[Review] ’47 Meters Down: Uncaged’ slightly surpasses its predecessor in terms of cinematic quality

Be careful where you step foot in the waters of Mexico, because two years after Mandy Moore and Claire Holt starred in “47 Meters Down”, the ravenous sharks are back in “47 Meters Down: Uncaged”.

Unbeknownst to their father, Mia (Sophie Nélisse) and her step-sister Sasha (Corinne Fox) embark on an impromptu scuba-diving journey with two of Sasha’s friends inside a recently discovered underwater cave. What’s special about it is that it gives way to a submerged Mayan temple that has been hidden away for centuries. In the midst of their exploration, they come across a blind shark that seems to have heightened its senses in the pitch black darkness of the Mayan cavern. When things get rumbly and their exit crumbles down in front of them, the teenagers must find a way to escape alive.

What’s interesting about Ernest Riera’s and Johannes Roberts’ screenplay is that they managed to somewhat change up the storyline, in comparison to its preceding film (which was also written by the same duo). Rather than solely be stuck in a shark cage for the entirety of the movie (which was acceptable in its own right for the original film), the writers found a different approach to involve the revered sharks, all while remaining in the clear waters of Mexico. They could have fallen in the “Open Water” trap, yet they sidestepped the easy way out appropriately. Directing his own sequel, Johannes Roberts is not a rookie to leading the set of a horror film, having also directed “The Strangers: Prey at Night” (2018) and “The Other Side of the Door” (2016). He does a more than decent job, unexpectedly startling me on one specific scene (and I don’t jump easily in horror movies). However, I must admit that some scenes are directed in a repetitive manner where the girls attempt to stay away from the shark by hiding in crevices too small for it to reach them. To compensate, if only a little, the scenery is definitely breathtaking with some impressive shots of land and sea from drone-cameras (although sometimes exaggerating the number of times they are used).

What’s interesting about “47 Meters Down: Uncaged” is the fact that the shark, although the biggest threat, isn’t the only menace to the girls’ lives. They evidently deal with depleting oxygen tanks in addition to intensely strong underwater currents that could pull them deeper down into an abyss. You’ll most likely feel claustrophobic in addition to your aquaphobia when the girls attempt to squeeze through extremely tight spaces, all while wearing a huge oxygen tank and being pursued by an endlessly hungry shark. The looming silhouettes of the Mayan statues only add an extra layer of creepiness to the submerged environment. As usual with shark-related films, Roberts succeeds in making us believe that the girls are finally safe before tearing off our safety blanket.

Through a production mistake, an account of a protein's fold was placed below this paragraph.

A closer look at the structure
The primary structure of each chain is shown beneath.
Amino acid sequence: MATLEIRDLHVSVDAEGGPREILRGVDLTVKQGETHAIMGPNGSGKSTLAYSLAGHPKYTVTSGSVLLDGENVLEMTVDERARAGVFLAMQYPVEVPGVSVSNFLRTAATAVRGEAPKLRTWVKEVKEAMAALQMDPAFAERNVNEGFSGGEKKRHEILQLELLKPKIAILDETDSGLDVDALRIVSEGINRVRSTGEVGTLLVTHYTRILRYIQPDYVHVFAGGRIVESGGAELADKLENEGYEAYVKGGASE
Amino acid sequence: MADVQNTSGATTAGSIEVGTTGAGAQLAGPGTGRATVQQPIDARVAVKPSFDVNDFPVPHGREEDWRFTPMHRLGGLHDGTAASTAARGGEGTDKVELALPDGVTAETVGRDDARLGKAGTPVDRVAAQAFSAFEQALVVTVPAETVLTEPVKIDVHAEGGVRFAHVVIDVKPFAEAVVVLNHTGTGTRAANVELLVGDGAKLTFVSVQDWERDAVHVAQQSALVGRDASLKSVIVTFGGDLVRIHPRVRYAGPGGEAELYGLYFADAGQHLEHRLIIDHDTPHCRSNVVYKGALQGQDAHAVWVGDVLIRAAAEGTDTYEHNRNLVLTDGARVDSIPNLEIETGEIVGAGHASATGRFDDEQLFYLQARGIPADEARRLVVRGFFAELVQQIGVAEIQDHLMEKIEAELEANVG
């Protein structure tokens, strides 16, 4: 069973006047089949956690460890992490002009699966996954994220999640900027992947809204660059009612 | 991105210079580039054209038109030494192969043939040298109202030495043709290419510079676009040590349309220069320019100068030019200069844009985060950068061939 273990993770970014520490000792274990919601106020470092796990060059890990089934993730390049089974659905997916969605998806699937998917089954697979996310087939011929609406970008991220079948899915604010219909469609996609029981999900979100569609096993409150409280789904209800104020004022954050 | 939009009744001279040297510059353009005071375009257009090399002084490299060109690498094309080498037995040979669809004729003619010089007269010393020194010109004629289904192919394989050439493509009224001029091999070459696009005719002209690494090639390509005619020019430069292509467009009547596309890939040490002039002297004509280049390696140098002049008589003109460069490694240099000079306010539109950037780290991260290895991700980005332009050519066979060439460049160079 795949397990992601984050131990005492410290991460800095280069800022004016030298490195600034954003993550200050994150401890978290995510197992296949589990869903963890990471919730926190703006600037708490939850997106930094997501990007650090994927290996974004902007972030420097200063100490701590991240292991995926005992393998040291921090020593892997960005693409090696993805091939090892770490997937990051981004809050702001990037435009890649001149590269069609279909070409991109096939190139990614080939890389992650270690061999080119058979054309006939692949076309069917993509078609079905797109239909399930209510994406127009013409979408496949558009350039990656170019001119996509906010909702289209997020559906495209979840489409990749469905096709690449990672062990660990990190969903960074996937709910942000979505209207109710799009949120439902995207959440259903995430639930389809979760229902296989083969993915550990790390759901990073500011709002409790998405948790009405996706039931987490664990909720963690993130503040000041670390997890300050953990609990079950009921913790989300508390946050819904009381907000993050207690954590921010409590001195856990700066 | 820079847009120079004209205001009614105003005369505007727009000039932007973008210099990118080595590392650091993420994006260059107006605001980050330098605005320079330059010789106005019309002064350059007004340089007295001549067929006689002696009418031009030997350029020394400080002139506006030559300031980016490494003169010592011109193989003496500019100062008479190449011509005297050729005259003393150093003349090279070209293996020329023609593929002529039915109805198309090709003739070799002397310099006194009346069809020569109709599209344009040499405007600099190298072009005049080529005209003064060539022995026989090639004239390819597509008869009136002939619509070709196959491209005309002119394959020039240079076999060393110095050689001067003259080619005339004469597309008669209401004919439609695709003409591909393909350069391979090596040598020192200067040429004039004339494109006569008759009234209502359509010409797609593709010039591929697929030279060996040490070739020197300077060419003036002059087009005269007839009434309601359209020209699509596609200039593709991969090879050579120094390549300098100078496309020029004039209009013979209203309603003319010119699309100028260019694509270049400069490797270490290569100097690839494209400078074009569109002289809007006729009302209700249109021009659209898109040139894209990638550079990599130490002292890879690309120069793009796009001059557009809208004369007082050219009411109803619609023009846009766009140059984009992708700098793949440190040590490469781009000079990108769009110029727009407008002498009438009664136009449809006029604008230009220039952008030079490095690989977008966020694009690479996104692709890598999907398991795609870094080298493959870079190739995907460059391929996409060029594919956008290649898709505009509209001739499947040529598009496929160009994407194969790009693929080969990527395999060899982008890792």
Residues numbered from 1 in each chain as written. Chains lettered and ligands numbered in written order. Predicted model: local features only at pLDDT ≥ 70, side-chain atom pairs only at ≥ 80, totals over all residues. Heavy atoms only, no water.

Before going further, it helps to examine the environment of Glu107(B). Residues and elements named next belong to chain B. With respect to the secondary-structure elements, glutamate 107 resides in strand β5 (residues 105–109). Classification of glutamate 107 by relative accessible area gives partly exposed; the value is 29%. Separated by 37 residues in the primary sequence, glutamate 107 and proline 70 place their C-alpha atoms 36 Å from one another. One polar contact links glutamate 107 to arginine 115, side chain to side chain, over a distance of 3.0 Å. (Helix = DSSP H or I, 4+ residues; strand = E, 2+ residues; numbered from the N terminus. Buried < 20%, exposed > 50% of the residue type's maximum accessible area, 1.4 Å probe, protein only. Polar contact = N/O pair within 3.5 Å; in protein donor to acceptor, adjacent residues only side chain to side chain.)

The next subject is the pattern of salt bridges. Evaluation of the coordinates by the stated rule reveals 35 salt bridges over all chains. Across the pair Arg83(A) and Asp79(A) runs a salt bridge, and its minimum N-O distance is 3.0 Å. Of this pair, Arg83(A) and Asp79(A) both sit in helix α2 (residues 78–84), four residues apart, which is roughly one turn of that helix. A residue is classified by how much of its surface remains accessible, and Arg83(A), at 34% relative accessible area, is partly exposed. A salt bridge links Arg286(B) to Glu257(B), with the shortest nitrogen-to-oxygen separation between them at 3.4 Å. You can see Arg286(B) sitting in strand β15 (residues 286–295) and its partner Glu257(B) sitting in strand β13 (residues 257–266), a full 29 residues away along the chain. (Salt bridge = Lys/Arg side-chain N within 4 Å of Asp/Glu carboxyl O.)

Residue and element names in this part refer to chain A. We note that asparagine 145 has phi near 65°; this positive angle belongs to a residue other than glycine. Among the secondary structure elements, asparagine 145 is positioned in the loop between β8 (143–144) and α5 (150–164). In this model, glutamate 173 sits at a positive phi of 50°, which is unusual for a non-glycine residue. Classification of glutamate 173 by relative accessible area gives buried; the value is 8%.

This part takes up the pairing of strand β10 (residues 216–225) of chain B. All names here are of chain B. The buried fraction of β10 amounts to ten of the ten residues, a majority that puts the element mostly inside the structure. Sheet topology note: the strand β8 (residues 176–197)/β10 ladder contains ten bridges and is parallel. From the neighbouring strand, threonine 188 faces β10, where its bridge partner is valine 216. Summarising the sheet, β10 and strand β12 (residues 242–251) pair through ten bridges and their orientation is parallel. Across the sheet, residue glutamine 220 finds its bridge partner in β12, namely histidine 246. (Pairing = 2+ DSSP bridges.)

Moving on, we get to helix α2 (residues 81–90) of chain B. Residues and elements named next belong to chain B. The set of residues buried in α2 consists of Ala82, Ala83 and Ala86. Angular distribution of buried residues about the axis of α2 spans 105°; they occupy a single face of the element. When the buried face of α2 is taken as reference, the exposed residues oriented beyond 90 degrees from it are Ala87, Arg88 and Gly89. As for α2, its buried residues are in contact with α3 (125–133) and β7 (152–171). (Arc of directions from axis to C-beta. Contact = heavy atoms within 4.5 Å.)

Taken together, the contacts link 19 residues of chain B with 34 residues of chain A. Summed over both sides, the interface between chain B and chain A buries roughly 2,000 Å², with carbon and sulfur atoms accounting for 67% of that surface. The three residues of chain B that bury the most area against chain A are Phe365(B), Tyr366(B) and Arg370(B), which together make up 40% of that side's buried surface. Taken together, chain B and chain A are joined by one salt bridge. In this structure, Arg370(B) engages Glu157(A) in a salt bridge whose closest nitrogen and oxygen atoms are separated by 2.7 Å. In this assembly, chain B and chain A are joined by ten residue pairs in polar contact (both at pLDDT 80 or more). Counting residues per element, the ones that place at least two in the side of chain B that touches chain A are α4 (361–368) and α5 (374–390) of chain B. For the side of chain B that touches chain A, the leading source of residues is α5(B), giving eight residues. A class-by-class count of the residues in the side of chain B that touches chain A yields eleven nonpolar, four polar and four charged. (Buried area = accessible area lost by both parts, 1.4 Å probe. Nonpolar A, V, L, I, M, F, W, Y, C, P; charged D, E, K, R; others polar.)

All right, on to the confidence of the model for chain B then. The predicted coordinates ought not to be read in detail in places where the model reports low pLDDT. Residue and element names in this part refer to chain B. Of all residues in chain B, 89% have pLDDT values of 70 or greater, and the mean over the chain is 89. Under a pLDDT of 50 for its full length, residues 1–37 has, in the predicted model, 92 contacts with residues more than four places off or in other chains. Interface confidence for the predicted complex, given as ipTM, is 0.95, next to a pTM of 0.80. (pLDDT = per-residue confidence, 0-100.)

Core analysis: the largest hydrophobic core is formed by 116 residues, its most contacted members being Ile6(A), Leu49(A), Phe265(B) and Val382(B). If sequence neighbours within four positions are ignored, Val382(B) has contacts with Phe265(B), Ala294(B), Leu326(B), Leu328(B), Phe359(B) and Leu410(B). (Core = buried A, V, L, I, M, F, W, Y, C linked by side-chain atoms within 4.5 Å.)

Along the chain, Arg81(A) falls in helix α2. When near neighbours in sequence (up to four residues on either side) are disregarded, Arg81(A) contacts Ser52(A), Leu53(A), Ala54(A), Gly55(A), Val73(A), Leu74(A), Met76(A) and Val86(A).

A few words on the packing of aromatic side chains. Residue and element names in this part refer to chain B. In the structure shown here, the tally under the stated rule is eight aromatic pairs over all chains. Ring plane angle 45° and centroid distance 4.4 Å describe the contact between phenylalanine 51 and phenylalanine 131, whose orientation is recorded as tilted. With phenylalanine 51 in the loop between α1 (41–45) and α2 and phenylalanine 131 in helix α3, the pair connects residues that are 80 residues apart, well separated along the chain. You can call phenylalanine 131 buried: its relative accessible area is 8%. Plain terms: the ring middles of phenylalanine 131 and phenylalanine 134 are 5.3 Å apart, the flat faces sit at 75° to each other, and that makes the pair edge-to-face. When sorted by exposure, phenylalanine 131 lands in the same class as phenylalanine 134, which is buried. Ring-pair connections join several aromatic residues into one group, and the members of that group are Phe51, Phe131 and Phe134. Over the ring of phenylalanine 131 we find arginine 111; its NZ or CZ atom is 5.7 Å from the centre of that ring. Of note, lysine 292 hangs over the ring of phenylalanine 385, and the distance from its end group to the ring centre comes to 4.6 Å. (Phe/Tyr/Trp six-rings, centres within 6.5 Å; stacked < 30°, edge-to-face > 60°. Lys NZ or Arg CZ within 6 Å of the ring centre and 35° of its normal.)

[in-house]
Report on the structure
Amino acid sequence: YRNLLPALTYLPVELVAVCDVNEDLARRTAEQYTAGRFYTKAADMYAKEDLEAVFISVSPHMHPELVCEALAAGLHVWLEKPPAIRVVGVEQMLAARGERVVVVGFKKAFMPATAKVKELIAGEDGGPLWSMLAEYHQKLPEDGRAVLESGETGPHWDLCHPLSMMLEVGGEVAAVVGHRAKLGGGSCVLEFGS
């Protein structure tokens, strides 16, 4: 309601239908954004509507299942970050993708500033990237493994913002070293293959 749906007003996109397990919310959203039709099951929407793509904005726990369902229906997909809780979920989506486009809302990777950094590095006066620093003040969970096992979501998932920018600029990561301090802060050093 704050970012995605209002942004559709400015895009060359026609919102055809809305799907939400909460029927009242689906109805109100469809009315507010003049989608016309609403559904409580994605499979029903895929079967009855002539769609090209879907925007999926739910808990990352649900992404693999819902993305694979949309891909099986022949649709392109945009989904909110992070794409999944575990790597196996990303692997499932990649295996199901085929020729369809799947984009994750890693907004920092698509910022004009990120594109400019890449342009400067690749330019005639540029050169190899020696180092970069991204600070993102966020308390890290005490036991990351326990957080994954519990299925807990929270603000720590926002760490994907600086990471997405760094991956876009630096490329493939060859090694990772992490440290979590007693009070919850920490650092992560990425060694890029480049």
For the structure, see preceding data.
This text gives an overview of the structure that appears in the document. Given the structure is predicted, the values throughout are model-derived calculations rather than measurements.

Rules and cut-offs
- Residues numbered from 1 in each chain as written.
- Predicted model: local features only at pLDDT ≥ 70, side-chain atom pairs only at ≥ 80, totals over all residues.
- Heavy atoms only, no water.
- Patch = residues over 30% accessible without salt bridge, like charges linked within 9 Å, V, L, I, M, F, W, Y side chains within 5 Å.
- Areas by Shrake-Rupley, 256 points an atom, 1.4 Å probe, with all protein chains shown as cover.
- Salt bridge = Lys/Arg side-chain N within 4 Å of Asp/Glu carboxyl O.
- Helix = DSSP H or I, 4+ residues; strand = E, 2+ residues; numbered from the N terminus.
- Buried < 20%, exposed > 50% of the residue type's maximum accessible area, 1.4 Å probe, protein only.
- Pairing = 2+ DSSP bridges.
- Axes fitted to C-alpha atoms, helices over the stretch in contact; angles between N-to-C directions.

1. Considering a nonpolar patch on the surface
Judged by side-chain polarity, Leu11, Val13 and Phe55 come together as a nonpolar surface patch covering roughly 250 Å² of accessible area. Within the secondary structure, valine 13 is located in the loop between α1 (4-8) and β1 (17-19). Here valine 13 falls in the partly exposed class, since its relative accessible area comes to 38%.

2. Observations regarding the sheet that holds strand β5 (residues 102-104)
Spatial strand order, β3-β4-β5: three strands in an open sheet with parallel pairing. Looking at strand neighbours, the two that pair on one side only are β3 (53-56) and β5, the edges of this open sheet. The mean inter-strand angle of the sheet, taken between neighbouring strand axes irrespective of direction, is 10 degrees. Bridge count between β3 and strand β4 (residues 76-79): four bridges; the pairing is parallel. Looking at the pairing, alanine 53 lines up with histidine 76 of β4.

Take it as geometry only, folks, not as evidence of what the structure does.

There are some annoying/frustrating details in the film, nonetheless. The fact that the teenagers can communicate via a microphone system within their masks without any of them having an earpiece is puzzling. However, it’s not as frustrating as the time spent underwater and accelerated breathing not having too much of an effect on the oxygen depletion over an extended period of time. While their tanks reserves seem to have reduced by about 60% after 10-15 minutes from the beginning of their Mayan tour, they seem to slow down dramatically after the first third of the film, which should be the opposite, with everything the girls are going through. There seem to be complications in regards to the ratio of oxygen being used to the time spent in some segments of the script.

All in all, for its diversity in underwater areas explored and additional subaquatic threats, “47 Meters Down: Uncaged” slightly surpasses its predecessor in terms of cinematic quality, meriting a 7/10 score.

Article written by Simon Rother

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